Book Review – Strange New World


How Thinkers and Activists Redefined Identity and Sparked the Sexual Revolution.

Carl R. Trueman, Strange New World: How Thinkers and Activists Redefined Identity and Sparked the Sexual Revolution. Wheaton: Crossway, 2022. Book, DVD, & Study Guide.

In 2020 Carl Trueman published one of the most important books of the past few decades: The Rise and Triumph of the Modern Self.  The only problem? Many people didn’t read it because it was over four hundred pages long. Strange New World covers the same ground but, in a briefer, and more accessible format. This book explains how the West got to the place culturally where the statement, “I am a woman trapped in a man’s body” has come to be regarded as coherent and meaningful. Not only does it make sense to the modern Western ear, but those who deny it or question it or oppose it in any way are by definition engaged in oppressing those who claim such identities. So, what has happened in recent decades to cause such a statement not only to make sense but to be beyond contradiction?  What has taken place to make it so normal that to deny it is to be marked out as a bigot, a phobic, and a purveyor of hate-speech?

At the heart of Trueman’s book lies the basic conviction that the so-called sexual revolution can only be properly understood when it is set within the context of a much broader transformation in how society understands the nature of selfhood. That is, modern sexual ethics have been deeply impacted by the modern understanding of the self. Trueman helpfully provides the necessary historical context for understanding the Western world’s evolving understanding of the self and its impact on modern culture, including sexuality, sexual identity, and its politicisation in modern politics. With wisdom, clarity, and insight, Trueman expertly guides the reader through the work of Phillip Rieff, Charles Taylor, Alasdair MacIntyre, Jean-Jacques Rousseau, the British Romantic Poets, Friedrich Nietzsche, Karl Marx, Charles Darwin, Sigmund Freud, and others, “demonstrating how [these] thinkers and activists redefined identity and sparked the sexual revolution” (the subtitle of the book).

The broad arc of his work is an account of how the rise of the sexual revolution was predicated on fundamental changes in how the self is understood. The “self” became psychologized; psychology became sexualized; and sex became politicized. What does it mean to be a “self”? The “self” refers to “the deeper notion of where the ‘real me’ is to be found, how that shapes my view of life, and in what the fulfilment or happiness of that ‘real me’ con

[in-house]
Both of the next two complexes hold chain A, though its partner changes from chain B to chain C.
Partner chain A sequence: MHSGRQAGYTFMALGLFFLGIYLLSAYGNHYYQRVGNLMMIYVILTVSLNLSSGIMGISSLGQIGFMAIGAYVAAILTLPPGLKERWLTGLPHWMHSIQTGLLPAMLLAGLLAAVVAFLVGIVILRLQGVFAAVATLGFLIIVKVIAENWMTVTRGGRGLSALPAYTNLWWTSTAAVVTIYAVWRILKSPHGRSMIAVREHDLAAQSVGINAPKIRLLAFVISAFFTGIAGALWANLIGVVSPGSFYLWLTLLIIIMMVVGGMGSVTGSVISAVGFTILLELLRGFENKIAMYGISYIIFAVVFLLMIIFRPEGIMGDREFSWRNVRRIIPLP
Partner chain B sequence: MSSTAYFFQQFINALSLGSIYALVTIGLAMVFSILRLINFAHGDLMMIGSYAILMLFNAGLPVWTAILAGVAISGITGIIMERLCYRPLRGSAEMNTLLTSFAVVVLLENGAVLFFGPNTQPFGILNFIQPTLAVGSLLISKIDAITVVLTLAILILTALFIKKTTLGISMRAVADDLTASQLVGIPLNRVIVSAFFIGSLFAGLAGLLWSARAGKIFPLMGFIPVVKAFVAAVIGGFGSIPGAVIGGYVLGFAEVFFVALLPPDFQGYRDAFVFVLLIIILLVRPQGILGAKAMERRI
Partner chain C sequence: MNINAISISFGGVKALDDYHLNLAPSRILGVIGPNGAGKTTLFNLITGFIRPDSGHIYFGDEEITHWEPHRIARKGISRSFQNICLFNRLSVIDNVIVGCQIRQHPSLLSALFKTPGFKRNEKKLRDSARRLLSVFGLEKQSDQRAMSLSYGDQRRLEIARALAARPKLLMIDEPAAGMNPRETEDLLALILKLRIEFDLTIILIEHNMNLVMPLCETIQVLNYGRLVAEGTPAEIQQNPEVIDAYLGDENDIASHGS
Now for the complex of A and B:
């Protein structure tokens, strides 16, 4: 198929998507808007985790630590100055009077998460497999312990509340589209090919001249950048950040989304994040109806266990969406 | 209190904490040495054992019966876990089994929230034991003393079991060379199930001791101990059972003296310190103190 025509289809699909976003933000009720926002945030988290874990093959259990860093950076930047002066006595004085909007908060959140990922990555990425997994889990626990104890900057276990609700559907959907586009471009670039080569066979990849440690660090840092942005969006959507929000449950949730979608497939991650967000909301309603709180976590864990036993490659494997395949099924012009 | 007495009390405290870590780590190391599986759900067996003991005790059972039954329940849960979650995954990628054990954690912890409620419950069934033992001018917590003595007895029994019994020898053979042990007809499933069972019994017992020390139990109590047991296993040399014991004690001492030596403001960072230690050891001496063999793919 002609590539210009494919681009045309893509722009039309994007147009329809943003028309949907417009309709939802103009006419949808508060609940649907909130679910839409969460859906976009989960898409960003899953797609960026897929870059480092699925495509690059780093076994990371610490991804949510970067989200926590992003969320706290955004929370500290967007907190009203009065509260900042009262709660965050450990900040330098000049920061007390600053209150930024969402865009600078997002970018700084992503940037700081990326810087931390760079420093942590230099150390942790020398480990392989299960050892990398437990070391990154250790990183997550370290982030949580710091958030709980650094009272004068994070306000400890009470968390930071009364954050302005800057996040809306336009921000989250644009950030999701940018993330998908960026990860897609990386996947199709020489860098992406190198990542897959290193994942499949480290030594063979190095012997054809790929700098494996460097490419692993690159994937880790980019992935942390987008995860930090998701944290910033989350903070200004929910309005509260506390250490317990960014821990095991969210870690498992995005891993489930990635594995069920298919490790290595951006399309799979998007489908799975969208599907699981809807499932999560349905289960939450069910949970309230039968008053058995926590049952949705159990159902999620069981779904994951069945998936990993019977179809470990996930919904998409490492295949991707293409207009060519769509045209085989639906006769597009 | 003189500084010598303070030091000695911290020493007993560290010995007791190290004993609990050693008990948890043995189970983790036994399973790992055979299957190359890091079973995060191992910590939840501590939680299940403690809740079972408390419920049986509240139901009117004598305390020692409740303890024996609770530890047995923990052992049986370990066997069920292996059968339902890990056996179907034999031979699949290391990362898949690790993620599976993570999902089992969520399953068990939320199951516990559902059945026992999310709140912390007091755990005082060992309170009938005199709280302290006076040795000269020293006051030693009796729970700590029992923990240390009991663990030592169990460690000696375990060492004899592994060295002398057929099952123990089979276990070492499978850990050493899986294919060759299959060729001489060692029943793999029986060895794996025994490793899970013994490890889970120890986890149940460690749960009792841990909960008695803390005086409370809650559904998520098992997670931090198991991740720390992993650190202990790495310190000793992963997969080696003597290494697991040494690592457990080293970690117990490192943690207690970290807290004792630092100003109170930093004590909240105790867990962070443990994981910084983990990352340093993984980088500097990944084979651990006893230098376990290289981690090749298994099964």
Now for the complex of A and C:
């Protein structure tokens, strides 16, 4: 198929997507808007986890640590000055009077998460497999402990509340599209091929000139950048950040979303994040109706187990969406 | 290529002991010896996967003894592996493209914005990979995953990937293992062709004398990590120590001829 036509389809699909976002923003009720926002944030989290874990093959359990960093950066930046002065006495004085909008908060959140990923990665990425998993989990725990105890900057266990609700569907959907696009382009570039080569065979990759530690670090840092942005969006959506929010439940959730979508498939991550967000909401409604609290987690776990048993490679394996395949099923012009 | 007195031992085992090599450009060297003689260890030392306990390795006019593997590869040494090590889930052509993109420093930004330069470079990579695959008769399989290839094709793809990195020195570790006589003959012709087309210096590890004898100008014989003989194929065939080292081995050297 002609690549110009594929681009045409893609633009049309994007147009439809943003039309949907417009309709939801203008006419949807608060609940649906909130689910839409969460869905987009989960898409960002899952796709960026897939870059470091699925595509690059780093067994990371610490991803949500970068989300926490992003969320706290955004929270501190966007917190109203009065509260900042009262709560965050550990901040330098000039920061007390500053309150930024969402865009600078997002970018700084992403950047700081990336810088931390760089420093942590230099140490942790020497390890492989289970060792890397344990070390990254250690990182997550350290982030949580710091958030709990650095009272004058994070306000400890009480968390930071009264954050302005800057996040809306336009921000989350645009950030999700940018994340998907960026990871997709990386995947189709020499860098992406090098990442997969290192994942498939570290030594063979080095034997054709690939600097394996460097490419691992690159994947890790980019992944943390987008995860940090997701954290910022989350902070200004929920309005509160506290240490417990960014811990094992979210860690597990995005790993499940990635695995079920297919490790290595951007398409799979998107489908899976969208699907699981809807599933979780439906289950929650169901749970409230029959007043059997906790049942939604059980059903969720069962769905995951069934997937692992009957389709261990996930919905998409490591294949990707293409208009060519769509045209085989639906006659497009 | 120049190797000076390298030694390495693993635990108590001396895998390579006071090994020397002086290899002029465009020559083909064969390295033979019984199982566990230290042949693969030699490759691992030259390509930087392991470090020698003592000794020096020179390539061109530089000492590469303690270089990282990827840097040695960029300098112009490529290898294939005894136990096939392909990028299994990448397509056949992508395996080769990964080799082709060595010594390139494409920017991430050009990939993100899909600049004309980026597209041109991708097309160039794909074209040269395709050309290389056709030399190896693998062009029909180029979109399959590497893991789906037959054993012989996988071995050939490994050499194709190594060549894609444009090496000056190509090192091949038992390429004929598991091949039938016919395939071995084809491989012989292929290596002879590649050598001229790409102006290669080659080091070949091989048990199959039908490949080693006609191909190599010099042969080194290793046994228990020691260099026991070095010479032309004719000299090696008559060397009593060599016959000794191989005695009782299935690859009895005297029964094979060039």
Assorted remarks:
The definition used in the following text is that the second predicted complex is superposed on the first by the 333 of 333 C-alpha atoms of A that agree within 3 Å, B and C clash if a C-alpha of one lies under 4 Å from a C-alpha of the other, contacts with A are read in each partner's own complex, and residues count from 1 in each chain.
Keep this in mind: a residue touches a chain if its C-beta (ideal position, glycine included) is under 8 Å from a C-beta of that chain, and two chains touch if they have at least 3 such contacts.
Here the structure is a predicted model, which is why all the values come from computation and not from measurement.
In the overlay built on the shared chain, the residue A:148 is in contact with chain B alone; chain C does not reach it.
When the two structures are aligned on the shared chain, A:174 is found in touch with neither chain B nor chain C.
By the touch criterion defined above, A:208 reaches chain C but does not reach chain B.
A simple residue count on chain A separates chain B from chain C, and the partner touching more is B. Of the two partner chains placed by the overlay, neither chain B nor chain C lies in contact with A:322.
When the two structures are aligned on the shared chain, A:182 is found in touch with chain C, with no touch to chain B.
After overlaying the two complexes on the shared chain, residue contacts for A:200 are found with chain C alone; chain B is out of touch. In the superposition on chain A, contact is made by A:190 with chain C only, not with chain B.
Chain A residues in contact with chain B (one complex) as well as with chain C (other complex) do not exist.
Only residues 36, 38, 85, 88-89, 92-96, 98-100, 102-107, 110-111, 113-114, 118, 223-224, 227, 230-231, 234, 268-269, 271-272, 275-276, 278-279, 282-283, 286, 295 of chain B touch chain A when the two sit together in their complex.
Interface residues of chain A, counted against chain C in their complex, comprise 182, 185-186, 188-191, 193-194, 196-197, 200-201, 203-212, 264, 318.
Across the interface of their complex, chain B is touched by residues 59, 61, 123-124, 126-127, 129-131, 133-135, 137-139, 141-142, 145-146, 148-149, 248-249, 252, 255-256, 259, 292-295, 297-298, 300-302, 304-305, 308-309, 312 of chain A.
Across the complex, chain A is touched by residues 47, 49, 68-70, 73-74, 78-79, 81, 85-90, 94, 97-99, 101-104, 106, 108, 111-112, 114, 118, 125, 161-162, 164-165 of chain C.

sists” (pp. 21-22). The inner self has become the source of truth and so the modern person strives to be “true to oneself.” The modern self assumes “the authority of inner feelings and sees authenticity as defined by the ability to give social expression to the same. The modern self also assumes that society at large will recognise and affirm this behaviour. Such a self as defined by what is called expressive individualism” (22). As a philosophy, expressive individualism says that the purpose of life is to find your deepest self and then express that to the world. I have to be myself. I must be free to express myself, or I cannot be authentic. “The modern self is one where authenticity is achieved by acting outwardly in accordance with one’s inward feelings” (p. 23). And the “increasing social sensitivity to criticizing anyone for their personal lifestyle choice reflects a view of the world where each person is free to perform life in whatever way they choose; and any attempt to express disapproval is therefore a blow not simply against particular ways of behaving but against the right of that person to be whoever they wish to be” (23).

Throughout the book Trueman demonstrates how the notion of identity is intimately wrapped up with the ideas of authenticity and sexuality, emotion and recognition, dignity and value, belonging and affirming—the obligation to be accepted and affirmed by society. And it is into this rapidly changing cultural context that the church must sustain its faith, communicate its gospel, and ground its identity in Christ and not in the self. This book is essential reading for anyone—church leaders, preachers, teachers, those involved in university ministries, and interested others—who want to better understand our current cultural context and more effectively communicate the gospel into it with clarity and conviction, wisdom and winsomeness. The book can also be purchased with the Strange New World Video Study in which Trueman walks through each of the book’s 9 chapters, summarizing key points and giving biblical application of the key themes. Each 10-12-minute session covers one chapter from the book and can be used in conjunction with the and Strange New World Study Guide making it an excellent resource for classrooms, small groups, or personal study. In my humble opinion, Strange New World (and its older and bigger brother The Rise and Triumph of the Modern Self) is not only the most important book written in the past year, it is one of the most important books written in the past few decades. I cannot too highly recommend it.